Using the Inflation Rate as a Trading Filter

Wouldn't it be great if a simple number told you whether it was safe to bet on the market going higher?

Crossing Wall Street posted a chart that suggests the stock market does very well when the monthly inflation rate is under an annualized rate of 5.3%.  Conversely, the market has done poorly in months when inflation is above that 5.3% annualized level.  The chart shows the the monthly return above and below that level of inflation.

110522 Stock Market Returns and Inflation
The data goes back to 1871; and it is surprising how well this relationship has held up over 140 years. During this period, monthly inflation has been above the 5.3% annualized level about one-third of the time.

Historically, when inflation was below 5.3%, the stock market has had an annualized after-inflation gain of 9.59%. And when inflation was above 5.3%, then the stock market has had an annualized loss of 8.15%.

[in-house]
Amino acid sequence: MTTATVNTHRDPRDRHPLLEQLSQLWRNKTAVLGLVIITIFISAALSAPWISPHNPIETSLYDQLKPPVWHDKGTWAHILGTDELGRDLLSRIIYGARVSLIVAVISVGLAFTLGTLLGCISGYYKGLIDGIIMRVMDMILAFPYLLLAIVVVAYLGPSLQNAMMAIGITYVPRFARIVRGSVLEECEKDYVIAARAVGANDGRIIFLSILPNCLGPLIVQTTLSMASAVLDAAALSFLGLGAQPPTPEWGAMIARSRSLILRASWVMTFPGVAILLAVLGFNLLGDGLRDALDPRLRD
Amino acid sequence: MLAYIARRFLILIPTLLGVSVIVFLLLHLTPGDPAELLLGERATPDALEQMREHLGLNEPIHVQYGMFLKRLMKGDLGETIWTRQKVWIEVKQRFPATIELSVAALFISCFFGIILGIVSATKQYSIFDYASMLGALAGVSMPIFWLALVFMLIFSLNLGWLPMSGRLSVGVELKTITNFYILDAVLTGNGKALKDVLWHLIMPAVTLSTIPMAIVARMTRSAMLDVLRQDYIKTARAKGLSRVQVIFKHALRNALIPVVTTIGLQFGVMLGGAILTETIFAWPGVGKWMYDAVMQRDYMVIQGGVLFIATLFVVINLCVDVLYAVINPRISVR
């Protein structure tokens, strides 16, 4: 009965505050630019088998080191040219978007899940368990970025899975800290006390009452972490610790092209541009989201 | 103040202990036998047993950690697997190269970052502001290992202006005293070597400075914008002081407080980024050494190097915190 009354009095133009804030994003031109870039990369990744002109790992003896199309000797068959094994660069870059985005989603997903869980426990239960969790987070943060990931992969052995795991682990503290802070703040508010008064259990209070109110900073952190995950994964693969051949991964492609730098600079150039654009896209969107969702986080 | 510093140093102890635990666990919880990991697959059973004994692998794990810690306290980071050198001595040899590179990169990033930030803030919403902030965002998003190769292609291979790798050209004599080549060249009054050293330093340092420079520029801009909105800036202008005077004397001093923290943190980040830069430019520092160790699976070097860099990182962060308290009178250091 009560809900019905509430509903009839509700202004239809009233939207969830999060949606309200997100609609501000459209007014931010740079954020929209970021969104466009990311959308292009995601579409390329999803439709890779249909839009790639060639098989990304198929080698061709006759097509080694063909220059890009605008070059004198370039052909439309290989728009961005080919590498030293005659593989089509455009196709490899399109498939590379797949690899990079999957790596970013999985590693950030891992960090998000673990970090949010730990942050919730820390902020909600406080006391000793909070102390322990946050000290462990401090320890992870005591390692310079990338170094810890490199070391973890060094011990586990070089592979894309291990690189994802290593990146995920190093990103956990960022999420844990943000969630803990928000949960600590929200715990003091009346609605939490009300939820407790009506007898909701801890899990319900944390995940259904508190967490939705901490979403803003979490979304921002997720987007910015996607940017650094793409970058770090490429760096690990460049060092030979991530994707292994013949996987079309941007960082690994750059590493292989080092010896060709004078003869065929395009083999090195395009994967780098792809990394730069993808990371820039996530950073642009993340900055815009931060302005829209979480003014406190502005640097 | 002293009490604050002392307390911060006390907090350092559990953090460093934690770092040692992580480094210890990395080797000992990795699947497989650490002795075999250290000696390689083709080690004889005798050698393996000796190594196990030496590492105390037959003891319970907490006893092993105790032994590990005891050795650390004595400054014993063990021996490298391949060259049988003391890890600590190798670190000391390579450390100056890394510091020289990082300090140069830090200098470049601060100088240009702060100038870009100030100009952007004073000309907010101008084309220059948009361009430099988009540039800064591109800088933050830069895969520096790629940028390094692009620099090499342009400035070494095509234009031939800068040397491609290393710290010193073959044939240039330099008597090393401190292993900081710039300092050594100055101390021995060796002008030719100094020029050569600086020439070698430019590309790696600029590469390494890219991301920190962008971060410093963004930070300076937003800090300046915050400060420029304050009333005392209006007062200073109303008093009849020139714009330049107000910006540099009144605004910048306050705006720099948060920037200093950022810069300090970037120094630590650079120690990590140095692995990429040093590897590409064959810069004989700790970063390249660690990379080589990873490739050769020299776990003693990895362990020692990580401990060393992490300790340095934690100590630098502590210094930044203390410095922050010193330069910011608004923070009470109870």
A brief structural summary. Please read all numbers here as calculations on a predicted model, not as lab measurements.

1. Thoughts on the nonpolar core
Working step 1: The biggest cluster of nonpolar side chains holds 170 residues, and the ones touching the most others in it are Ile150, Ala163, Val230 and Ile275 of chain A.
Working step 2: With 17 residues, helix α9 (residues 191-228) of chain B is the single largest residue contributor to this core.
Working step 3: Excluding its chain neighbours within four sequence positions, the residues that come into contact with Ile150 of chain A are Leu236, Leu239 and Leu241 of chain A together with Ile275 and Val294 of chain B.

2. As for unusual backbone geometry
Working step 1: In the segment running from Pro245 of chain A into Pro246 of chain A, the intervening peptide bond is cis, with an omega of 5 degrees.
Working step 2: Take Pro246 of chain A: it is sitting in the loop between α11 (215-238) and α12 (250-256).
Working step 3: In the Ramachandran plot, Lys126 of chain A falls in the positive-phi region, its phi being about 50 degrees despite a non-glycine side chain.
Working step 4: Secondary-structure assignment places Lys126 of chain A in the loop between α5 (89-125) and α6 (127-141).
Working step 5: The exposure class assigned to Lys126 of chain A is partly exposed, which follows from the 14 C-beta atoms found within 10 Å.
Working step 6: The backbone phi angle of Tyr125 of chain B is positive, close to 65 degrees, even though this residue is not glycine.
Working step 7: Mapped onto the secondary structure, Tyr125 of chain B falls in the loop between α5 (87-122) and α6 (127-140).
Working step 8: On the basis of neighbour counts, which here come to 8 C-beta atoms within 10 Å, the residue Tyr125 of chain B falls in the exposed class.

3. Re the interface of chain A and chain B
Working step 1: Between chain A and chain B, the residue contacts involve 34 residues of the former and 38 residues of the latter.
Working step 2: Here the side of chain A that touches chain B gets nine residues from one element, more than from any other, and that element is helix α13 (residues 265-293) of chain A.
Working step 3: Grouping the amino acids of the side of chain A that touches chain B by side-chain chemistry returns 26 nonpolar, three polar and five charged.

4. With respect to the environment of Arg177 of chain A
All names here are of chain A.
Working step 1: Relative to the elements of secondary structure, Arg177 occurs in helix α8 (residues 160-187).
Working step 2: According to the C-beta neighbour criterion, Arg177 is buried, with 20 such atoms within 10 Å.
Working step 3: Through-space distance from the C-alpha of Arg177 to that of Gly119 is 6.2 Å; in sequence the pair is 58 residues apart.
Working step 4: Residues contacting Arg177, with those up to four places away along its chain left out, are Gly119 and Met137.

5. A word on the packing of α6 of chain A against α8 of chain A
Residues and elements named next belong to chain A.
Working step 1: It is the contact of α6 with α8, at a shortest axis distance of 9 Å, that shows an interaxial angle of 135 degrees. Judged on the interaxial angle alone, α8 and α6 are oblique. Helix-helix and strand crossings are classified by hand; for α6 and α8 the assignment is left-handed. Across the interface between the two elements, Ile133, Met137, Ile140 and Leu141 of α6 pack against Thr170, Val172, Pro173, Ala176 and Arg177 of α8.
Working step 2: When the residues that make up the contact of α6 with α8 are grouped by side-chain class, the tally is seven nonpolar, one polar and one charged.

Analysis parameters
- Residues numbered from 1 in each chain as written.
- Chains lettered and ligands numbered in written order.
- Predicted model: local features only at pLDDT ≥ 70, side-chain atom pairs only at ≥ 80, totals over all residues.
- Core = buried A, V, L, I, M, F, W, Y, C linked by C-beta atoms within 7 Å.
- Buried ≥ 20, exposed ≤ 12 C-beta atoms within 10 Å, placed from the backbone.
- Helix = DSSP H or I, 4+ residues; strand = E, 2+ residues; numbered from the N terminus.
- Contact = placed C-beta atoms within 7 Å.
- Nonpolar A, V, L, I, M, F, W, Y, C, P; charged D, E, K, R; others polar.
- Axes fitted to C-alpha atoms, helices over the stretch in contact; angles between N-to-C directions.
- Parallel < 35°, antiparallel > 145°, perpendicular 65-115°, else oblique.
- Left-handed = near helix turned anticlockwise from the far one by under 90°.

Did Inflation Cause Returns to Change?
Computers are great at finding the optimal point for a system to trade based on historical data.  Technical traders call this "curve-fitting", and have learned to be wary of coincident variables being confused as causal variables.  That is a fancy way of saying that the relationship between inflation levels and stock market returns might be a great way to "describe" what happened; however, it doesn't prove that the inflation level "caused" the returns to go up or down. It also doesn't prove that inflation didn't cause the returns.
Nonetheless, 140 years is a long time sample … and inflation rates affect people reasonably uniformly … and the stock market can be looked at as collective measure of the fear and greed of the population.  So, using the inflation rate as a trading filter seems to be a reasonable idea worthy of further testing.  What do you think?
With many market watchers expecting the inflation rate to rise, this is something to consider.
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  1. trading style is devoted exclusively to scalping, or carving out small chunks of price movement in a broader trend. As a scalper, I try to limit the parameters and variables that traders with longer investment horizons must take into consideration. In short, I am interested in momentum and, more specifically, price action. Renko charts are unique in that they deal only with price; there is no consideration is given to volume or time.

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